Tuesday, 25 April 2017

Reading your child’s triggers and meltdowns

Over the past year I feel that I have become much better at reading Loghan’s triggers and when he is on the verge of a meltdown, thus I am able to pre-empt certain behaviours and melt downs; all in all the amount of meltdowns we have had over the last few months have plummeted and are now few and far between. 

I have one friend in particular who I feel has not only helped to grow as a special needs mum but who has taught me so much and I am incredibly grateful to her for all of her shared knowledge… and wine =)

But as a parent we also have bad days, we also have days when we are on edge and ready to fly off the handle.

Last night I picked the boys up from school, Loghan was in a wonderful mood but I could already see that Gabriel was out of sorts, we got home and he started irritating Loghan right off the bat and eventually after not listening to me for the umpteenth time and throwing a tantrum I sent him up to his room, he refused and I ended up half chasing him upstairs, my voice raising as we went, he then ended up going into full meltdown stage.

It had been a long day I could feel my temper rising, I got him into a shower after threatening him with loss of his tablet and as I stood there I realised what I was doing, I looked at him and realised that there was more to the situation and that the signs were there since I collected him I just chose to overlook them because I was tired and irritated.

So I took him in my arms and held him, as I did he broke down sobbing, I asked him why he was feeling so sad what had upset him during his day and he remarked that he had been sent out of class and had therefore missed some of his lesson which for Gabriel is grossly upsetting, he is incredibly focused on achieving and pleasing those around him, so of course he was upset that he had not achieved what he perceived to be a perfect day.

After a long chat and Gabriel had finished his shower I got him into bed and read the boys their stories for the evening, he went to bed feeling much better and above all loved, I feel it really made a difference to him that I stood back, took a breather and worked with him on acknowledging his feelings, parenting at times can be incredibly difficult and is a constant learning curve but I’m glad that I have reached a point as a parent where I can better understand my kids and their behaviour and I am so grateful for all the help and advice I have received over the last year.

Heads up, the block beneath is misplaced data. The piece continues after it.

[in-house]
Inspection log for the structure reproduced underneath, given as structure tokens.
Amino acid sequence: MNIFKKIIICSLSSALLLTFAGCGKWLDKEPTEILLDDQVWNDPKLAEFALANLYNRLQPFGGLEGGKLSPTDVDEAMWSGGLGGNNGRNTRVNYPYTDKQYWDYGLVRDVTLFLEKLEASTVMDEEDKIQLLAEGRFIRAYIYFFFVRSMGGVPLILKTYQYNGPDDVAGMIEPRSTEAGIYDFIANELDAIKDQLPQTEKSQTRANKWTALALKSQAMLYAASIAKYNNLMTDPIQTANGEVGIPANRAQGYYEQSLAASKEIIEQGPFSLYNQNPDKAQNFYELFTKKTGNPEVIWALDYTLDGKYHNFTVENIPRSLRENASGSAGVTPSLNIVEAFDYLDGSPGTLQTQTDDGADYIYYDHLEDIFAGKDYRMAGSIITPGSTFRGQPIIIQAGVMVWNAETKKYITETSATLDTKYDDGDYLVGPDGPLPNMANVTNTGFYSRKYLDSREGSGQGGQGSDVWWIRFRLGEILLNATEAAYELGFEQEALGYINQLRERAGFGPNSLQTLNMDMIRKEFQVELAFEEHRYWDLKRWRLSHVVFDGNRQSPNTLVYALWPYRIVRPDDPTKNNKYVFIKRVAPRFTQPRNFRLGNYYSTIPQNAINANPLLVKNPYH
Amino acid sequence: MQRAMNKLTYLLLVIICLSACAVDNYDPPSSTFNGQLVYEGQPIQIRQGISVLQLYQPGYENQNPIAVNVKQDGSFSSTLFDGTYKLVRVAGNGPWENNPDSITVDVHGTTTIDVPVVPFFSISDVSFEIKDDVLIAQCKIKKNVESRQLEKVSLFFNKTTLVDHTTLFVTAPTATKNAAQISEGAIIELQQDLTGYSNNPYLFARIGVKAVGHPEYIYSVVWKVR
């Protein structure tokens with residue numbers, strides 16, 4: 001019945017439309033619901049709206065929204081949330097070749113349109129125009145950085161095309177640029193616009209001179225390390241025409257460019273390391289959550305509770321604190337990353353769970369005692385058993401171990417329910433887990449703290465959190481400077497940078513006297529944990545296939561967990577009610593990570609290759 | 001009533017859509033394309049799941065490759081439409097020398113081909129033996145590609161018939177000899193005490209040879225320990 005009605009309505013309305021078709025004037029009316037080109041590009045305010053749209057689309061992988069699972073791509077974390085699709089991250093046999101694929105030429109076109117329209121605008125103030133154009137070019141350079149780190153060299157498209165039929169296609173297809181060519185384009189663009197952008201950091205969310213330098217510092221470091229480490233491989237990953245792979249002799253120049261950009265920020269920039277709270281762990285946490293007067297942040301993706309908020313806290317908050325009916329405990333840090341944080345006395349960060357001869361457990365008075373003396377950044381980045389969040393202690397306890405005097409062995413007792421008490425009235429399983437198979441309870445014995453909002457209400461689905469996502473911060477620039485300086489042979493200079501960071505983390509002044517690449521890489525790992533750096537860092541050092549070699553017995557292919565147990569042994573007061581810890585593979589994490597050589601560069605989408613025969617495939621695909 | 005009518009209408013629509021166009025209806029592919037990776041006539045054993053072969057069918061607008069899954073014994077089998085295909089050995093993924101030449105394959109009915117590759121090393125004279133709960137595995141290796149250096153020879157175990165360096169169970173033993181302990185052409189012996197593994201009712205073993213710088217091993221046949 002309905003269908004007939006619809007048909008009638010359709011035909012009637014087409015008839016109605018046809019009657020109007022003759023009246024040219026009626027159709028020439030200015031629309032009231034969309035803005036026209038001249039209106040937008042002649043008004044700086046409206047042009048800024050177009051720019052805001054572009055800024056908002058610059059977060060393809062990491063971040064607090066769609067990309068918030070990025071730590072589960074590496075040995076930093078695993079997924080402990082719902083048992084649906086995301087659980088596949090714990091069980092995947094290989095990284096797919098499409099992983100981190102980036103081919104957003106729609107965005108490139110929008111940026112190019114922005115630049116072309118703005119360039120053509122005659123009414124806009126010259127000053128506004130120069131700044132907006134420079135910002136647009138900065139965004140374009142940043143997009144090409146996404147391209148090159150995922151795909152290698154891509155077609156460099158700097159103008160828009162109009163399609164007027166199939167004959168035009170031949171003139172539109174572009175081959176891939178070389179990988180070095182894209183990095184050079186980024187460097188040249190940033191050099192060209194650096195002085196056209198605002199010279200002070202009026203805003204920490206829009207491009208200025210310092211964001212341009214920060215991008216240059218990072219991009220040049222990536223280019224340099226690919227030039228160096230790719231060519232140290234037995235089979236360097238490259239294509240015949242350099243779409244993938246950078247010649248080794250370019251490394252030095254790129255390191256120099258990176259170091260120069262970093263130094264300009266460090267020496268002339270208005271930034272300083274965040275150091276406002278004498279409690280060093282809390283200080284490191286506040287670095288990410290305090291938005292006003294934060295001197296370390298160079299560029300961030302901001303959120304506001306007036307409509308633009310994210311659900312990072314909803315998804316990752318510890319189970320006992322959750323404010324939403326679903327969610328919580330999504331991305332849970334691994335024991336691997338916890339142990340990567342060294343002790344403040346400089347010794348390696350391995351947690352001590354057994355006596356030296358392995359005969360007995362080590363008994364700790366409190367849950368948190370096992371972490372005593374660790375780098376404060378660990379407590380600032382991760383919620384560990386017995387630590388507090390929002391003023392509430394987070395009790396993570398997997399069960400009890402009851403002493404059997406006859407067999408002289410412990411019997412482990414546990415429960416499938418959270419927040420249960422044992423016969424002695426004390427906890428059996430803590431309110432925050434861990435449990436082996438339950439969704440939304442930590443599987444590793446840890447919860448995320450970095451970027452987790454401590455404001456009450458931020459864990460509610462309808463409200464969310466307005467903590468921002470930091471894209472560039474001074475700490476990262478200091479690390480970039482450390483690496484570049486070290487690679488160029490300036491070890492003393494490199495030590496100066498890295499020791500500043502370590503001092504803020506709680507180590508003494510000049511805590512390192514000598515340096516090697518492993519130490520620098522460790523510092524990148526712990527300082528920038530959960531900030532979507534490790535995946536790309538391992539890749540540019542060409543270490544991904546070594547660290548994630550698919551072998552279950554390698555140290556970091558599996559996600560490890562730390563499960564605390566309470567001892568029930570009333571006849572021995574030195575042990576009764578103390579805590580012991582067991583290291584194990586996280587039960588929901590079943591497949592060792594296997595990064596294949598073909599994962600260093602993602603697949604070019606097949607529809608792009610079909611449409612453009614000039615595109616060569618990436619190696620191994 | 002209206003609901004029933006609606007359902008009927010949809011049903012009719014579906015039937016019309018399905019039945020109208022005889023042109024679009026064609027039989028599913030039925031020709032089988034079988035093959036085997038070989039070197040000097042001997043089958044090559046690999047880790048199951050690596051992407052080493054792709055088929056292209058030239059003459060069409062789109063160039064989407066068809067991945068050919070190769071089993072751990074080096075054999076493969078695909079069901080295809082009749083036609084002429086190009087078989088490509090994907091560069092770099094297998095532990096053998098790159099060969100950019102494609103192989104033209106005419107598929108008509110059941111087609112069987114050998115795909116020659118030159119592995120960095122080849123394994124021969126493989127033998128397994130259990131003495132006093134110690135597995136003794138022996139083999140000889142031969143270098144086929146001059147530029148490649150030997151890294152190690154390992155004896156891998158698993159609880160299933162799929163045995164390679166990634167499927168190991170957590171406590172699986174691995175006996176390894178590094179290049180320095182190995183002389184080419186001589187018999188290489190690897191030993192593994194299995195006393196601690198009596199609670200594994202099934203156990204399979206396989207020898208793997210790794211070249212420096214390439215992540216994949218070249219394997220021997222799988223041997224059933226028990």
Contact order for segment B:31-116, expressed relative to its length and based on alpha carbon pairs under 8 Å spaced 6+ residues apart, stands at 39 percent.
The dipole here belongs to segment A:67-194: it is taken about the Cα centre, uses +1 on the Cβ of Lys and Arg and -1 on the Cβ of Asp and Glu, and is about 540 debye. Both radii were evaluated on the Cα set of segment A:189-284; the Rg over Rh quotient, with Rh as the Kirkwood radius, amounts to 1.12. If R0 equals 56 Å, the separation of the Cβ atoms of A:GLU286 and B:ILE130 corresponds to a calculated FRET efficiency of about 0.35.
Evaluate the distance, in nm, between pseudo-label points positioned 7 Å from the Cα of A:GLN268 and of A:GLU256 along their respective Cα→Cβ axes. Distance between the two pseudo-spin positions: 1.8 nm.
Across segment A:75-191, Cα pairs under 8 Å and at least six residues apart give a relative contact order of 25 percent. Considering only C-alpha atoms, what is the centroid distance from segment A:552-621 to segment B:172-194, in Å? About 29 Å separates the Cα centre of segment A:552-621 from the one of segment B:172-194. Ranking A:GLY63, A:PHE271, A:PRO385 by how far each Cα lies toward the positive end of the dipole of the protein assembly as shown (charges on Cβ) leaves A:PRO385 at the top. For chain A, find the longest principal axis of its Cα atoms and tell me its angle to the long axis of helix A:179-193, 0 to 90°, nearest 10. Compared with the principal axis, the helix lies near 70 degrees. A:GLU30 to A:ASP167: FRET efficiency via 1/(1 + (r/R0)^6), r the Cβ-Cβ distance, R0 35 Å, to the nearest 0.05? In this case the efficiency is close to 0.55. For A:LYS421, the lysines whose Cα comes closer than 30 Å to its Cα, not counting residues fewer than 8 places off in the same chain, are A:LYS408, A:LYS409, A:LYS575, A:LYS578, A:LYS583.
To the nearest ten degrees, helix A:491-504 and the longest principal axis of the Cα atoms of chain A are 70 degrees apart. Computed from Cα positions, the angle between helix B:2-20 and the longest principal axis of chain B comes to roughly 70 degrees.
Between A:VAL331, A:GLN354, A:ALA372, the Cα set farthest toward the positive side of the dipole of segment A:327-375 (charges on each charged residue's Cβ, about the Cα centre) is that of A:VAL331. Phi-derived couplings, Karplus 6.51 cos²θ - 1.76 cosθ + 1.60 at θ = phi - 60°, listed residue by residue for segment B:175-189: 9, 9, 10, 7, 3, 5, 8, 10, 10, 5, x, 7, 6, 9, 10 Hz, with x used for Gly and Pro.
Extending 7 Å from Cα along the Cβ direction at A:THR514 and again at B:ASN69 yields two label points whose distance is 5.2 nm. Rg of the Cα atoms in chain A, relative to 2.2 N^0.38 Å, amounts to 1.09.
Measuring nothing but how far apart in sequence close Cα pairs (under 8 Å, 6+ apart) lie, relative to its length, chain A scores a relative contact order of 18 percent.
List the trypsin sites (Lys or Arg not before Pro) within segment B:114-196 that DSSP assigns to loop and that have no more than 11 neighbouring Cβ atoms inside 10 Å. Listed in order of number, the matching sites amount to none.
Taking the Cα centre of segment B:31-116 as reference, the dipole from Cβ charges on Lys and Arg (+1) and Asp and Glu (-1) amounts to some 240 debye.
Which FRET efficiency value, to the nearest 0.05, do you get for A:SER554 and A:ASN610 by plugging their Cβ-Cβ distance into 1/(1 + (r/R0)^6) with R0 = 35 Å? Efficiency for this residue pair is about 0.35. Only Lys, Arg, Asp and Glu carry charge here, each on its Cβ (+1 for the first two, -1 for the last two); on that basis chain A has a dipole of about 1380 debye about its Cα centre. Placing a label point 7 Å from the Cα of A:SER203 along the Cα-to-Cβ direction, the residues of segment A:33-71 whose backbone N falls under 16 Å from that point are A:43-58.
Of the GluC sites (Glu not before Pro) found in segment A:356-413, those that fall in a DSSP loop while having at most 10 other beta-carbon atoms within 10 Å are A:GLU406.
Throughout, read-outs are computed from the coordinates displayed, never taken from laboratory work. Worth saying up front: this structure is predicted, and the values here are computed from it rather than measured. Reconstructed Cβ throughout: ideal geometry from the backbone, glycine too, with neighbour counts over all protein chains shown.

Triggers and signs thereof are always there it’s about learning to be in sync with and aware of your child’s feelings and how their behaviour progresses, a child will never experience a meltdown for nothing or without warning, and a child is as we are always learning, they are still learning how to work through how they feel and what is or isn’t going to get them the help or attention they need at the given time, healthy emotions and reflection/projection thereof is a learned behaviour it doesn’t simply come naturally especially to a child who already has special needs and I am grateful that I am learning to travel along this path with my children, together I know that step by step we will achieve the understanding that we need in each other to help us be the best parent and child/ people we can be.

If you are struggling with your child whether your child has special needs or not I encourage to spend some time each day just being in the presence of and making yourself aware of their mannerisms and behaviours, if the throw a tantrum try to take a step back and acknowledge how they are feeling and that they are upset, even taking a few minutes at the end of the day to speak to them one on one about how they feel their day went and what they liked or didn’t like about their day does so much for becoming more aware of your child’s emotional state and acknowledging the time during which you are not there with them.  Our children in effect spend more time away from us at school etc than they do with us so this time is incredibly important and your child needs to know that you are aware of this and interested in what goes on in their life when you are not there to see and experience it with them.


  1. This is a great reminder "I encourage to spend some time each day just being in the presence and making yourself aware of their mannerisms and behaviours". Thank you.